CHALLENGING COMPLAINT INVESTIGATION DECISIONS
OF THE MI BUREAU OF HEALTH SYSTEMS
One option for addressing concerns about nursing home care is filing a formal complaint with the Bureau of Health Systems (BHS). BHS is the state agency that licenses nursing homes and determines if they meet state and federal standards. If you file a complaint with BHS, it must investigate your concerns and report its findings to you and the nursing home. This Fact Sheet explains your options if you are concerned about the quality of a complaint investigation or if you disagree with the results. If you need information about how to file a complaint with BHS, please contact your Local Long Term Care Ombudsman.
Evaluating BHS complaint investigation findings.
If you have filed a complaint with BHS, your hope is that it will confirm your concerns and problems will be corrected. Unfortunately, not all complaints are confirmed by BHS. If, after investigating, BHS cannot determine that an incident occurred and there is no indication of a deficient practice, then your complaint will not be substantiated. If BHS does not substantiate your complaint, the nursing home will not be required to take any corrective actions.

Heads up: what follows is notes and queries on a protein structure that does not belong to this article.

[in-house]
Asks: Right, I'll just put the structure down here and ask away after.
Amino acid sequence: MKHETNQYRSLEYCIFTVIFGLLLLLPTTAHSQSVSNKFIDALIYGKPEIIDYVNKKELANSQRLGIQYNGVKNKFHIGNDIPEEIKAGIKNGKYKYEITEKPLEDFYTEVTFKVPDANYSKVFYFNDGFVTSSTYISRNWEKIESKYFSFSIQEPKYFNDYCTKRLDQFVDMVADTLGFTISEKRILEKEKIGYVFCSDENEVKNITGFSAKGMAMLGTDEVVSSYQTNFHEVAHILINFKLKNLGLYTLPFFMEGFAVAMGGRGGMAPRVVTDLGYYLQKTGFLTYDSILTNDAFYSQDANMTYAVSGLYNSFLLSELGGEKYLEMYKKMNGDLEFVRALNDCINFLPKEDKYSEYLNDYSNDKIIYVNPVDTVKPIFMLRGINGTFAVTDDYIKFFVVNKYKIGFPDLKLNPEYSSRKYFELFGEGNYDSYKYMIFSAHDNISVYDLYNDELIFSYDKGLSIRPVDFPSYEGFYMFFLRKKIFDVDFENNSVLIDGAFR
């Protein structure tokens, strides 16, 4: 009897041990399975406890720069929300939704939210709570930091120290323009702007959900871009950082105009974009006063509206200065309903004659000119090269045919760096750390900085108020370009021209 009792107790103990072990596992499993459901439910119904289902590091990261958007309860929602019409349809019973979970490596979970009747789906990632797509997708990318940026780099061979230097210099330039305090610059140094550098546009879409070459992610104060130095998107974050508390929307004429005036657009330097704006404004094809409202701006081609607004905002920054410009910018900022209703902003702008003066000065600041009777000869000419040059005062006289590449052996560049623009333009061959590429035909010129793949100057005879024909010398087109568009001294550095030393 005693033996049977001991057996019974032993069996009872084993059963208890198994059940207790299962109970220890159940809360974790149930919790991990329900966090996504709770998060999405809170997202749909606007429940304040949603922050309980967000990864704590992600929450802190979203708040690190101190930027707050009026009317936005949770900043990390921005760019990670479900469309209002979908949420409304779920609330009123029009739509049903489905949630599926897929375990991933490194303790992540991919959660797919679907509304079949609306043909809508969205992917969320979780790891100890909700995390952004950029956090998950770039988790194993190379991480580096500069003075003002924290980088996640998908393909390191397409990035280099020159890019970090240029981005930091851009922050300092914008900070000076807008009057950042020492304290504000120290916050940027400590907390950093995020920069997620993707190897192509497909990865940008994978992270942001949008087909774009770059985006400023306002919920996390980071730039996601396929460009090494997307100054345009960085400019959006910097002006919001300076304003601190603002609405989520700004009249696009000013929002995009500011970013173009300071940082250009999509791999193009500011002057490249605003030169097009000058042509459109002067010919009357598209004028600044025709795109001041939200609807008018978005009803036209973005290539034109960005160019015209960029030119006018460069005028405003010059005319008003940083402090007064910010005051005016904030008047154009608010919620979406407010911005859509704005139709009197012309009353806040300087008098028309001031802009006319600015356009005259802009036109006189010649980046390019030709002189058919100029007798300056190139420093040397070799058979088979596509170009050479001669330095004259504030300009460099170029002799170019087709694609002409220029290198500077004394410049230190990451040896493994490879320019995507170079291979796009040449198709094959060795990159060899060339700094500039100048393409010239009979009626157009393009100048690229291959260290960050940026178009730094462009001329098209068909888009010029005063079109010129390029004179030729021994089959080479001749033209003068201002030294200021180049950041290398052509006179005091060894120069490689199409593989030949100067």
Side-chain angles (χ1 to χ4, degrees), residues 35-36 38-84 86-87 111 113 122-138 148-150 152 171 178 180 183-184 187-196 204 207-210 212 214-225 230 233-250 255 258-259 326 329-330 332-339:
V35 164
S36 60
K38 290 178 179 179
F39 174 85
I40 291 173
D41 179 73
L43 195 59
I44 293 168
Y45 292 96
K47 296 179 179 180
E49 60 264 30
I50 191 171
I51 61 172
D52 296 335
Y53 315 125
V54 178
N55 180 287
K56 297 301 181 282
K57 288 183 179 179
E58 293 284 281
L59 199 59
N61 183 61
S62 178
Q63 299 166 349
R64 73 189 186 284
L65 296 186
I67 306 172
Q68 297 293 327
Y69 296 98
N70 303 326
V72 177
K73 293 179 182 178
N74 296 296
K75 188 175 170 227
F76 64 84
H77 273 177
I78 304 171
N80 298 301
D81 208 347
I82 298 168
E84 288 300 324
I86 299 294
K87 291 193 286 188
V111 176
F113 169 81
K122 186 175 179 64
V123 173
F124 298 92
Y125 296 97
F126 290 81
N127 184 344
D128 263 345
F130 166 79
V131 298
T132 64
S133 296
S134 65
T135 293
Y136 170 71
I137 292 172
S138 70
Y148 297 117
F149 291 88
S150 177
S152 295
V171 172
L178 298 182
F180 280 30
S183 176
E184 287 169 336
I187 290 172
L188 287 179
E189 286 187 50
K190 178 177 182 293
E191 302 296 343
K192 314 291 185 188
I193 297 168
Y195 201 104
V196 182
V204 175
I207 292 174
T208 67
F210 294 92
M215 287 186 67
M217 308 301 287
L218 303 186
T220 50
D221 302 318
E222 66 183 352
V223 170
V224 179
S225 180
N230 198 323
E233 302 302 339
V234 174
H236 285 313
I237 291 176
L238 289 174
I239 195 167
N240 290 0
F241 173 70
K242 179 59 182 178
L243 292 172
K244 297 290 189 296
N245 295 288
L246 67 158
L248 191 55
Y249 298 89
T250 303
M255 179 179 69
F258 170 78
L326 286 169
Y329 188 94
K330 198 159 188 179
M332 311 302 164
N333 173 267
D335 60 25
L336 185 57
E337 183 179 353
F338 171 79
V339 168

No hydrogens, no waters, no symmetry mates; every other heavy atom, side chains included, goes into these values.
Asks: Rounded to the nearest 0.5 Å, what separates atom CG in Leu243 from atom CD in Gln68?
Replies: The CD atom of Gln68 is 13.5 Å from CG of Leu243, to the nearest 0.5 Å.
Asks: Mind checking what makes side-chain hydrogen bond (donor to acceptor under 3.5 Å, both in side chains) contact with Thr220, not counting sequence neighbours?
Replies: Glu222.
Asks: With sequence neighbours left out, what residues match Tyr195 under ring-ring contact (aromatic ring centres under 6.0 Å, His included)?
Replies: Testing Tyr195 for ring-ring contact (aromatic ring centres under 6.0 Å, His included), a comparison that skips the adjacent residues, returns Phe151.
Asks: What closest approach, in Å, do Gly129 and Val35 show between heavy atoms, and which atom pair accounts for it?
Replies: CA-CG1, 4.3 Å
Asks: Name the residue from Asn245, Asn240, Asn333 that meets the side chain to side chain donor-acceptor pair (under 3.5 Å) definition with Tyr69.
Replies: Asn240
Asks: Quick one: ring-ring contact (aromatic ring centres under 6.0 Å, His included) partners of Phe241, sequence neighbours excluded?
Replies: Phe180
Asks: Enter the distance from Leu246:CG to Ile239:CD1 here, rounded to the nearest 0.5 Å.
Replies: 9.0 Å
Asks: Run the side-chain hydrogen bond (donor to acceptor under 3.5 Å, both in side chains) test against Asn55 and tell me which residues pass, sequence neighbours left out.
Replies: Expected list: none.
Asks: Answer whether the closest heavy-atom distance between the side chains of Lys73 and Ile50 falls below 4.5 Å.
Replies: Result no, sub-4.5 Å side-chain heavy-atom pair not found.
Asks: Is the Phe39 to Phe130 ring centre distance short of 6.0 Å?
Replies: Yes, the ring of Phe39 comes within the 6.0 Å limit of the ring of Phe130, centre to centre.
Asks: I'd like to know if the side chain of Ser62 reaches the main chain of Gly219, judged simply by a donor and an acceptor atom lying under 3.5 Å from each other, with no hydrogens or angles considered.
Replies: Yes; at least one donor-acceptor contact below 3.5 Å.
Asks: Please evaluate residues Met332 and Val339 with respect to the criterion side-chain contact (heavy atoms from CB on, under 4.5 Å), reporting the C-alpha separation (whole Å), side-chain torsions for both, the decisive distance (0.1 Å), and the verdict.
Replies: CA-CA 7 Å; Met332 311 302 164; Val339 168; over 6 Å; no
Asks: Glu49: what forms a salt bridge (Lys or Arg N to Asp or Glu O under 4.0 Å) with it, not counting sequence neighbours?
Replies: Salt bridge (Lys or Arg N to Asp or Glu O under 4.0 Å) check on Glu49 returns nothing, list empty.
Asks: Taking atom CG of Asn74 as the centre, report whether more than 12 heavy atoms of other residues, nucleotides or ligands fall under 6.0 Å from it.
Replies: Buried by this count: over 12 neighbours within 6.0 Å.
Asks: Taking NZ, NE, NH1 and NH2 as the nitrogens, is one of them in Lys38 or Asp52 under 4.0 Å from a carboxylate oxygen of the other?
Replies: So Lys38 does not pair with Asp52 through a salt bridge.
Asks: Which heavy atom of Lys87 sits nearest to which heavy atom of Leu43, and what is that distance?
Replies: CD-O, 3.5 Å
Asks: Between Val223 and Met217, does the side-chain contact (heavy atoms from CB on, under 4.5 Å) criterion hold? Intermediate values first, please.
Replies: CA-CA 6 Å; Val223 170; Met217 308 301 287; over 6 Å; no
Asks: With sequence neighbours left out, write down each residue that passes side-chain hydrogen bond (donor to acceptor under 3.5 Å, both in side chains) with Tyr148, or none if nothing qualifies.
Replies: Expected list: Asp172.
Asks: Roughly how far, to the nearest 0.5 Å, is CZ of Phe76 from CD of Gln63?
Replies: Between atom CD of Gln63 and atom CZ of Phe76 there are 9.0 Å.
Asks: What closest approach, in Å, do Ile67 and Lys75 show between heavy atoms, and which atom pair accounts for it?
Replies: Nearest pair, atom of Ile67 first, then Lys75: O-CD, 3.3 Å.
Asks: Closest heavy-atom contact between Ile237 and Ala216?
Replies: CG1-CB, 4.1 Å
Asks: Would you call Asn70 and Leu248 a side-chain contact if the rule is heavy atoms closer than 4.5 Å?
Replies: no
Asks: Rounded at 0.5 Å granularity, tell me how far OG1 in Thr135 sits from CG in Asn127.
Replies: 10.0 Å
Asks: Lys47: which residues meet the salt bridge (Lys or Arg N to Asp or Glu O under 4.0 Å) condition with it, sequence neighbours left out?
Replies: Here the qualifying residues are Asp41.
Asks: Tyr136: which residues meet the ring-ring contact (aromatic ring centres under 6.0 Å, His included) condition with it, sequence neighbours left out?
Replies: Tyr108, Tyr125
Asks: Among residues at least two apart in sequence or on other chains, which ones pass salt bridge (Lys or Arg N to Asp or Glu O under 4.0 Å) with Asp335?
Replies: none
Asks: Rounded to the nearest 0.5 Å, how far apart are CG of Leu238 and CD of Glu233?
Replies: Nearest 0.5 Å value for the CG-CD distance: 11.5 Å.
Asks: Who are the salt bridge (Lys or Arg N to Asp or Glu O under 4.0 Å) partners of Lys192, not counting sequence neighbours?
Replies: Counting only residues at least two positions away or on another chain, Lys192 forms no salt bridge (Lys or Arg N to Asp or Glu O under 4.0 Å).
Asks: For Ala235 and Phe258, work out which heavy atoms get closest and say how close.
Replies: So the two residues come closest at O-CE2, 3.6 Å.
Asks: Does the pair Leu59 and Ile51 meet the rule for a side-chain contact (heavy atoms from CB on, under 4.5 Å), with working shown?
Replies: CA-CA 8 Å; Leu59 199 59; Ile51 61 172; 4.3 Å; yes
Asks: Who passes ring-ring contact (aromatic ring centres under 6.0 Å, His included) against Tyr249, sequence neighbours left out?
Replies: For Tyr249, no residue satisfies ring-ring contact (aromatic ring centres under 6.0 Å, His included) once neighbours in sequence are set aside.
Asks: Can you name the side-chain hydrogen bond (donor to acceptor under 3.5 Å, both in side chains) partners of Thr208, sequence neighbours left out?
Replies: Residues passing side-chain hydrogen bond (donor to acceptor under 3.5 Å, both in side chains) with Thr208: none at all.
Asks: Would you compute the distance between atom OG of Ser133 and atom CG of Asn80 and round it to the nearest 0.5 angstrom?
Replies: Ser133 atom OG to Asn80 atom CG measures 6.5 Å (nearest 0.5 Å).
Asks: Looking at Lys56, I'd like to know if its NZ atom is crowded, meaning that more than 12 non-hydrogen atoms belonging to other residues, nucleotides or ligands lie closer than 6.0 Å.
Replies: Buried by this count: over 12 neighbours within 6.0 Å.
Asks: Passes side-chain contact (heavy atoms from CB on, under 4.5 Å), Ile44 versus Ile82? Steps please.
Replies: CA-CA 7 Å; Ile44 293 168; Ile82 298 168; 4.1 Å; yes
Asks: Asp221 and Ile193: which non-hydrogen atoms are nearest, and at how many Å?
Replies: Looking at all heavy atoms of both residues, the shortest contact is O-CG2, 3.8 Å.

There may be a good reason why BHS cannot confirm your complaint. On the other hand, BHS may not substantiate your complaint because a poor investigation was conducted. An investigation is inadequate if:
- BHS gives the nursing home advance notice of the investigation. State law prohibits BHS from giving nursing homes advance notice of any investigation or inspection.
- It doesn’t take place soon enough to evaluate current evidence of the problem. Investigations of possible criminal acts or residents’ deaths should begin within 24 hours of your complaint, but no later than within 2 days. For other types of complaints, investigations should begin within 15 days and be completed within 30 days.